End-to-End Deep Reinforcement Learning for Lane Keeping Assist

Ahmad El Sallab, Mohammed Abdou, Etienne Perot and Senthil Yogamani

Oct 15, 2016 (modified: Nov 30, 2016) NIPS 2016 workshop MLITS submission readers: everyone
  • Abstract: Reinforcement learning is considered to be a strong AI paradigm which can be used to teach machines through interaction with the environment and learning from their mistakes, but it has not yet been successfully used for automotive applications. There has recently been a revival of interest in the topic, however, driven by the ability of deep learning algorithms to learn good representations of the environment. Motivated by Google DeepMind's successful demonstrations of learning for games from Breakout to Go, we will propose different methods for autonomous driving using deep reinforcement learning. This is of particular interest as it is difficult to pose autonomous driving as a supervised learning problem as it has a strong interaction with the environment including other vehicles, pedestrians and roadworks. As this is a relatively new area of research for autonomous driving, we will formulate two main categories of algorithms: 1) Discrete actions category, and 2) Continuous actions category. For the discrete actions category, we will deal with Deep Q-Network Algorithm (DQN) while for the continuous actions category, we will deal with Deep Deterministic Actor Critic Algorithm (DDAC). In addition to that, We will also discover the performance of these two categories on an open source car simulator for Racing called (TORCS) which stands for The Open Racing car Simulator. Our simulation results demonstrate learning of autonomous maneuvering in a scenario of complex road curvatures and simple interaction with other vehicles. Finally, we explain the effect of some restricted conditions, put on the car during the learning phase, on the convergence time for finishing its learning phase.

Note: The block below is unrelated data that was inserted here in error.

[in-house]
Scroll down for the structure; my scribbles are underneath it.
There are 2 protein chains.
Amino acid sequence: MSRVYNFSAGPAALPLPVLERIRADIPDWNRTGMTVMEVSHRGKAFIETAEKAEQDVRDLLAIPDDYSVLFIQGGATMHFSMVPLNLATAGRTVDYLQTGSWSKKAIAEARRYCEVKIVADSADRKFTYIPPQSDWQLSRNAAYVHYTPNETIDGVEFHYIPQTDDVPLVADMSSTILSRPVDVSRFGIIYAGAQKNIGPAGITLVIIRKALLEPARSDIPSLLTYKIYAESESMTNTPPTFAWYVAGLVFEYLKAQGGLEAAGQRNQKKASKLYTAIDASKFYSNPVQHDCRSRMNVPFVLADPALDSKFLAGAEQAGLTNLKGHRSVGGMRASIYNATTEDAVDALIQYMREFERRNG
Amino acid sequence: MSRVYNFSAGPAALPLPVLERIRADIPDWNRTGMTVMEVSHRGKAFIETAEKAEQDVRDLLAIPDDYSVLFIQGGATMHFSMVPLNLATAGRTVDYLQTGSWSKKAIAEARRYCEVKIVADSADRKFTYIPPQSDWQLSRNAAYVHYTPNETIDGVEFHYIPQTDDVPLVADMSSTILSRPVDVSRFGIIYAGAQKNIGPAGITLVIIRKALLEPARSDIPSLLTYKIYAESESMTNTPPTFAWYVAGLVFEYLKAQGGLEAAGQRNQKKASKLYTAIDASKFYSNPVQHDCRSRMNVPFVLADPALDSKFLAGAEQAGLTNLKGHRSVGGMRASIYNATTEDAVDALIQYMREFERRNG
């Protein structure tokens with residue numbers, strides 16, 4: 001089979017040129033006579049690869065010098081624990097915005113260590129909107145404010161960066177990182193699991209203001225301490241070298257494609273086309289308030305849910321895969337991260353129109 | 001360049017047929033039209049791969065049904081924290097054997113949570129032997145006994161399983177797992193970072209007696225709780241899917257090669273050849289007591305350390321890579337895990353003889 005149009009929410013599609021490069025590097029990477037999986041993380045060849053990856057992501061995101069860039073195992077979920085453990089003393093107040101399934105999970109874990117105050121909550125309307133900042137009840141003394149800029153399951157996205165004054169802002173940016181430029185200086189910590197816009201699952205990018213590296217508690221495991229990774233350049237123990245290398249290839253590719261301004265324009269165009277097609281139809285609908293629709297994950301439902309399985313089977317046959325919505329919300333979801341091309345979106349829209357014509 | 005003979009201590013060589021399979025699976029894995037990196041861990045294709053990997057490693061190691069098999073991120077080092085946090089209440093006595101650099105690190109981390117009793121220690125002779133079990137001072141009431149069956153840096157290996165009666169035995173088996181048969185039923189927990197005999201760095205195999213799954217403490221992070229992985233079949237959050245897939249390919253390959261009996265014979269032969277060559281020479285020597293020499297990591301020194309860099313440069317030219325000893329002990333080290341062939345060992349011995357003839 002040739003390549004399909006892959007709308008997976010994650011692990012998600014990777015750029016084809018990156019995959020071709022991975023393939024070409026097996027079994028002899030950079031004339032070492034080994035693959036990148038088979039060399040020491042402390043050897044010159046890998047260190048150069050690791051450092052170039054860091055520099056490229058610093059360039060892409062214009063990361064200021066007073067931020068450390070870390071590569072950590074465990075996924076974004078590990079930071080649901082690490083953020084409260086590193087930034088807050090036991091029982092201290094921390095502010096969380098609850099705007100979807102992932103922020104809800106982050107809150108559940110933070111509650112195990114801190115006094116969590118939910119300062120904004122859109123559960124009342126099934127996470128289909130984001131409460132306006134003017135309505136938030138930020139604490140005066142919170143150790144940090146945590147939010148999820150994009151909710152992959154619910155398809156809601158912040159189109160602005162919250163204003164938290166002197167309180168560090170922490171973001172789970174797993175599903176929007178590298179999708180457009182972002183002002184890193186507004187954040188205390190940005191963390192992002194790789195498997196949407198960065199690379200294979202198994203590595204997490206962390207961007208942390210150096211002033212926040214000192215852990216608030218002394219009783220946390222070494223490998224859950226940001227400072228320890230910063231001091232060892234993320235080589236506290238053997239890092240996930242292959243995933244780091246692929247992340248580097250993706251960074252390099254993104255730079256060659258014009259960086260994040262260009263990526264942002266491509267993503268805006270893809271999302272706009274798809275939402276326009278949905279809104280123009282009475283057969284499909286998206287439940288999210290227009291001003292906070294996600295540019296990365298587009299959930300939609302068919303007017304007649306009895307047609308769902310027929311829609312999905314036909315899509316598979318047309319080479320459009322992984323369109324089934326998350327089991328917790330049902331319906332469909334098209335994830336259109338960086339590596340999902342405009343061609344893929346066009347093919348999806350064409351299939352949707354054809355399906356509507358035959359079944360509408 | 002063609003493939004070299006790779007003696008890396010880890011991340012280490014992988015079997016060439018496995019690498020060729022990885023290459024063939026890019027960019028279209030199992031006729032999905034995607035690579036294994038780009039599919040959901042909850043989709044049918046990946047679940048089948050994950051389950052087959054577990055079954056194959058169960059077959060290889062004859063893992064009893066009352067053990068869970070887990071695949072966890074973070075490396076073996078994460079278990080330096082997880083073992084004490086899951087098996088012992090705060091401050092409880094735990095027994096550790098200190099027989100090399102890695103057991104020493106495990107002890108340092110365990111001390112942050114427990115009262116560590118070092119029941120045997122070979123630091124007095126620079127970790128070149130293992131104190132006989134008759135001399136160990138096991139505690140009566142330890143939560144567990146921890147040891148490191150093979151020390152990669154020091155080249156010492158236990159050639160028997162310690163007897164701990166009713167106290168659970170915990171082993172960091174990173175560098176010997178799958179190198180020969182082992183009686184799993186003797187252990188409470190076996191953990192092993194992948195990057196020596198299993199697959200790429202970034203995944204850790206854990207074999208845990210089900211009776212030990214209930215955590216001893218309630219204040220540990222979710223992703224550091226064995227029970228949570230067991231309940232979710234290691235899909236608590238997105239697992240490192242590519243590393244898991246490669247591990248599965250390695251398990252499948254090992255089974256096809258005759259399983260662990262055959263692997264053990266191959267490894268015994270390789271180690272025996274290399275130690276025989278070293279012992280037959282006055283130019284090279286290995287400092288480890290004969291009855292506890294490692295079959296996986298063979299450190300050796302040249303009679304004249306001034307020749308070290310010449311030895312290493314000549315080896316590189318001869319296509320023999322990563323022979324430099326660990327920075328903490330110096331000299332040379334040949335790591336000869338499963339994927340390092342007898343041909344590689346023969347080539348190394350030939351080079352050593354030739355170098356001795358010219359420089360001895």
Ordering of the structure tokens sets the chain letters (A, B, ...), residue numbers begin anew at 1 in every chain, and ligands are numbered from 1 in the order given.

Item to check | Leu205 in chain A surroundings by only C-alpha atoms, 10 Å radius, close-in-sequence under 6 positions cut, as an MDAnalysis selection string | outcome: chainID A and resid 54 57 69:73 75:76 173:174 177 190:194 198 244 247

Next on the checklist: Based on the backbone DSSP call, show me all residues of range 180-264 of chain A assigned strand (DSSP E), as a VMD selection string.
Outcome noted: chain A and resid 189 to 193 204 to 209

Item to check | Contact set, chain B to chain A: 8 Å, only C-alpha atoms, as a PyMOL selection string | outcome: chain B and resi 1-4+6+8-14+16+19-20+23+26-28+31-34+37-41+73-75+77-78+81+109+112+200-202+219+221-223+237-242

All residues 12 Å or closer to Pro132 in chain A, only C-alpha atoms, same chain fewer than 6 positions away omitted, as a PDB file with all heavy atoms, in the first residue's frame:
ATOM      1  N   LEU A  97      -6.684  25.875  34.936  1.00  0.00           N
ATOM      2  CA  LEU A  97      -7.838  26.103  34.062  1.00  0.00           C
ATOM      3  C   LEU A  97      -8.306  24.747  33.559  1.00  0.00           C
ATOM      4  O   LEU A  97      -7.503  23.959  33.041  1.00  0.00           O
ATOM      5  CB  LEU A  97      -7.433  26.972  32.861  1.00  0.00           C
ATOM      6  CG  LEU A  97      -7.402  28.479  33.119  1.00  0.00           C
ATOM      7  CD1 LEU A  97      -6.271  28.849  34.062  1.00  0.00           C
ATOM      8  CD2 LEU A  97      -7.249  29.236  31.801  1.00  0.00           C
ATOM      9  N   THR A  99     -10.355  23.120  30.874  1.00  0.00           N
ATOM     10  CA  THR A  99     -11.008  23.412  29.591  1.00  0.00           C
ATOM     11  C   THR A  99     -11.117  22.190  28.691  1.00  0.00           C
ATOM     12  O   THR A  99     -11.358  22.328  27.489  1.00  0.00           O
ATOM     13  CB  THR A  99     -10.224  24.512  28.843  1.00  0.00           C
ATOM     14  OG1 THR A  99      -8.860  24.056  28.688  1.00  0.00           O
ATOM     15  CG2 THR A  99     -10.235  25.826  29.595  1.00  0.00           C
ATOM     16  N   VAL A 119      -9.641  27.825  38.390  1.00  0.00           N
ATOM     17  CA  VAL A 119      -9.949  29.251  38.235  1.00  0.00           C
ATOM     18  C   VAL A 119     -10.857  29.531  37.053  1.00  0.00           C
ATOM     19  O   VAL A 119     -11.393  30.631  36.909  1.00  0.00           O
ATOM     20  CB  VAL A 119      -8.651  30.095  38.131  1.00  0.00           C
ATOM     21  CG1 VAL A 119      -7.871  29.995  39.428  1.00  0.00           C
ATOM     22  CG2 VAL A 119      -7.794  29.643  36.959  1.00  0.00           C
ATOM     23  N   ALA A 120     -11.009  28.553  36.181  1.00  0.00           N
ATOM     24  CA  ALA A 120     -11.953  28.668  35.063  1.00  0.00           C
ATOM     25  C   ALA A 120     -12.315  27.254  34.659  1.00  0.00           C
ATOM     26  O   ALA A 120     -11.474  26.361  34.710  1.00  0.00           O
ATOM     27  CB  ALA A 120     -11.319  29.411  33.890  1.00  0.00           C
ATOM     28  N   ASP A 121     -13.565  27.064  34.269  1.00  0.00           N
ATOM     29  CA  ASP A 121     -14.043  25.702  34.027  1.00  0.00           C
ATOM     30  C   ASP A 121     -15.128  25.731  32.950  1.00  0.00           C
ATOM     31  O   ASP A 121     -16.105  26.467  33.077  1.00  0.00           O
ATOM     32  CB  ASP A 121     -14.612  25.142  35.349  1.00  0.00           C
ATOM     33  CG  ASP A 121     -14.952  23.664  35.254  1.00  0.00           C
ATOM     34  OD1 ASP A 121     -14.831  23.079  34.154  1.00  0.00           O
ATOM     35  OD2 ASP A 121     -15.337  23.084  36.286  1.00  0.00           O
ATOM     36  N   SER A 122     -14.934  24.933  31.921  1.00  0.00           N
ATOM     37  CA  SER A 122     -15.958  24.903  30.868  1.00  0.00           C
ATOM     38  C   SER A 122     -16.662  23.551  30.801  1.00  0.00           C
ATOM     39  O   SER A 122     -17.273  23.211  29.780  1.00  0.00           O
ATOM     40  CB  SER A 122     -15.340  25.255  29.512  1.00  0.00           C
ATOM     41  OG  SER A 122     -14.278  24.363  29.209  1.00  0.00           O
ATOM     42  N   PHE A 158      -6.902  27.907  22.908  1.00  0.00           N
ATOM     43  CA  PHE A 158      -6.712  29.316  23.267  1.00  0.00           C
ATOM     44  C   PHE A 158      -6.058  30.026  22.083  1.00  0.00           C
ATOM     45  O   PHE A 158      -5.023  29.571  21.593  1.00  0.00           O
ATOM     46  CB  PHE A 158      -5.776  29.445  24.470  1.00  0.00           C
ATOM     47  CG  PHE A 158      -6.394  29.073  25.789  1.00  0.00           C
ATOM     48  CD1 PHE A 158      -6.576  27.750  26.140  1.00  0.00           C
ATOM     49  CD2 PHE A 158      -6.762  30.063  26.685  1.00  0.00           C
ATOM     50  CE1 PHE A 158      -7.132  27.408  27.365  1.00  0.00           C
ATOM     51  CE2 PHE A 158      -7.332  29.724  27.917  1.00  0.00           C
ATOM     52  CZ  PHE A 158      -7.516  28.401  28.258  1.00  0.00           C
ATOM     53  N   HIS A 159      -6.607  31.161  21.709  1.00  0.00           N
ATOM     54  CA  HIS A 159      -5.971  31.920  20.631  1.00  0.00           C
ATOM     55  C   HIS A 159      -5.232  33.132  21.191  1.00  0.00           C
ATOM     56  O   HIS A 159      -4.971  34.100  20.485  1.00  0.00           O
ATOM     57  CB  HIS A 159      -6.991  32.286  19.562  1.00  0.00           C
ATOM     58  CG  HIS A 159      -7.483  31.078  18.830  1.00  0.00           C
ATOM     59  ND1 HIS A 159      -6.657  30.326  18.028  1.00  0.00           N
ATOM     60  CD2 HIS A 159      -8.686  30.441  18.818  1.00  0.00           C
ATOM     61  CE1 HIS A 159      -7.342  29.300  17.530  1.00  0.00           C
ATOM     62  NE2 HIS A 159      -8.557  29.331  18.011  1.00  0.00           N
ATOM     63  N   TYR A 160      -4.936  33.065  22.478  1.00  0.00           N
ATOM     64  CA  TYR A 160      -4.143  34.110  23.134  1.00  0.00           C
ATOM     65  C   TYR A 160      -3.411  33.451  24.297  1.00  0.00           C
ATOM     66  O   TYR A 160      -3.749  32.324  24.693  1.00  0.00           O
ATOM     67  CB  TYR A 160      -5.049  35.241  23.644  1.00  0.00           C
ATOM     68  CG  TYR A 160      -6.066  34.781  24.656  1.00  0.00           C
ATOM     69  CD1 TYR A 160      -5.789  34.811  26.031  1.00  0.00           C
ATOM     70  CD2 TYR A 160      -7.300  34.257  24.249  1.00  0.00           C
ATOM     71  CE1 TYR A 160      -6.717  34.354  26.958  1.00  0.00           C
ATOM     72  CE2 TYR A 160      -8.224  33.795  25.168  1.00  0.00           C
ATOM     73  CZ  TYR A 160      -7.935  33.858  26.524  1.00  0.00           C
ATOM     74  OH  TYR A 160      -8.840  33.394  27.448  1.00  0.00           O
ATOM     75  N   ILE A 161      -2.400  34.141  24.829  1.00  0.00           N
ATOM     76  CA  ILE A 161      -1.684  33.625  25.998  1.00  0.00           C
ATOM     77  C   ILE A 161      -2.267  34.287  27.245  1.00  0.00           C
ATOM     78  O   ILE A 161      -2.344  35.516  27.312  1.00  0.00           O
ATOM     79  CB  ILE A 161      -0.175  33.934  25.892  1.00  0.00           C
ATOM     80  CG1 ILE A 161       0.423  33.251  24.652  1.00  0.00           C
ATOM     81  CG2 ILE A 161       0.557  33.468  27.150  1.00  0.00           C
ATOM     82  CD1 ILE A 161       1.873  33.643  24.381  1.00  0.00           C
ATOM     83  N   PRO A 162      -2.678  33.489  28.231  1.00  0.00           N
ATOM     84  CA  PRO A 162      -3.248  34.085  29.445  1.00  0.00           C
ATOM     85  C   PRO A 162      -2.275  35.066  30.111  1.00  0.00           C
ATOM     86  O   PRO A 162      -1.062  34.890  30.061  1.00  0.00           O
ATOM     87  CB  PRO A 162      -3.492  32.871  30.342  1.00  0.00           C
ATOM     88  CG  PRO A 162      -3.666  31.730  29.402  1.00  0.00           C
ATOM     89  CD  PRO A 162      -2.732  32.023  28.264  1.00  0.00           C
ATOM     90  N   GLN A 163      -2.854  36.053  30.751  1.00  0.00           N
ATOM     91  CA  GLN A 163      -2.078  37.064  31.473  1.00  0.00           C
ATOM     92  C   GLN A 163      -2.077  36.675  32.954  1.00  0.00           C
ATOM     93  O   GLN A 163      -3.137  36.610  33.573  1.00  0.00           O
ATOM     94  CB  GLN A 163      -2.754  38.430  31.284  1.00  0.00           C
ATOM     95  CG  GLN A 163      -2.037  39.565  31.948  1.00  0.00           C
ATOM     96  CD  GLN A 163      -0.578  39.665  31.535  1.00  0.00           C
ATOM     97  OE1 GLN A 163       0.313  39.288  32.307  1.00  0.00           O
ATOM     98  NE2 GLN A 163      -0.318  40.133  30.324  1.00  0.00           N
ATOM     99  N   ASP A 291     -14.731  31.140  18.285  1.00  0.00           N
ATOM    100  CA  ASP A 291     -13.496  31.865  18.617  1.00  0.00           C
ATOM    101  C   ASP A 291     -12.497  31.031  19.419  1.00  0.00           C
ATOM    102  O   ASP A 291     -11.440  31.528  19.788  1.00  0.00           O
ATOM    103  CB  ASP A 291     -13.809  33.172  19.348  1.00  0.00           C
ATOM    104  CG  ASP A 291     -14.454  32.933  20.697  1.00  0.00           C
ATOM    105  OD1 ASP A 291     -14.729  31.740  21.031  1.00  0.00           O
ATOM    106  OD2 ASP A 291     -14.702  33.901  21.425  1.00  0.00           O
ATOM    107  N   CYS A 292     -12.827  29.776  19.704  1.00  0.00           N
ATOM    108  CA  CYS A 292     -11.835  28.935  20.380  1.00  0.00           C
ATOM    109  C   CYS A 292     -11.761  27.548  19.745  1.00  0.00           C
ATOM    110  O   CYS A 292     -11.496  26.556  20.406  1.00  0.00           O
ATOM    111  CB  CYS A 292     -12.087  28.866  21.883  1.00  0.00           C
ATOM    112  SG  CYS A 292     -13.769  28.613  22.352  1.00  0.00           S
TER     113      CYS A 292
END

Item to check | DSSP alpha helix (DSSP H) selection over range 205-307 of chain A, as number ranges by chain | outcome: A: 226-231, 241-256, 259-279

• Conflicts: valeo.com

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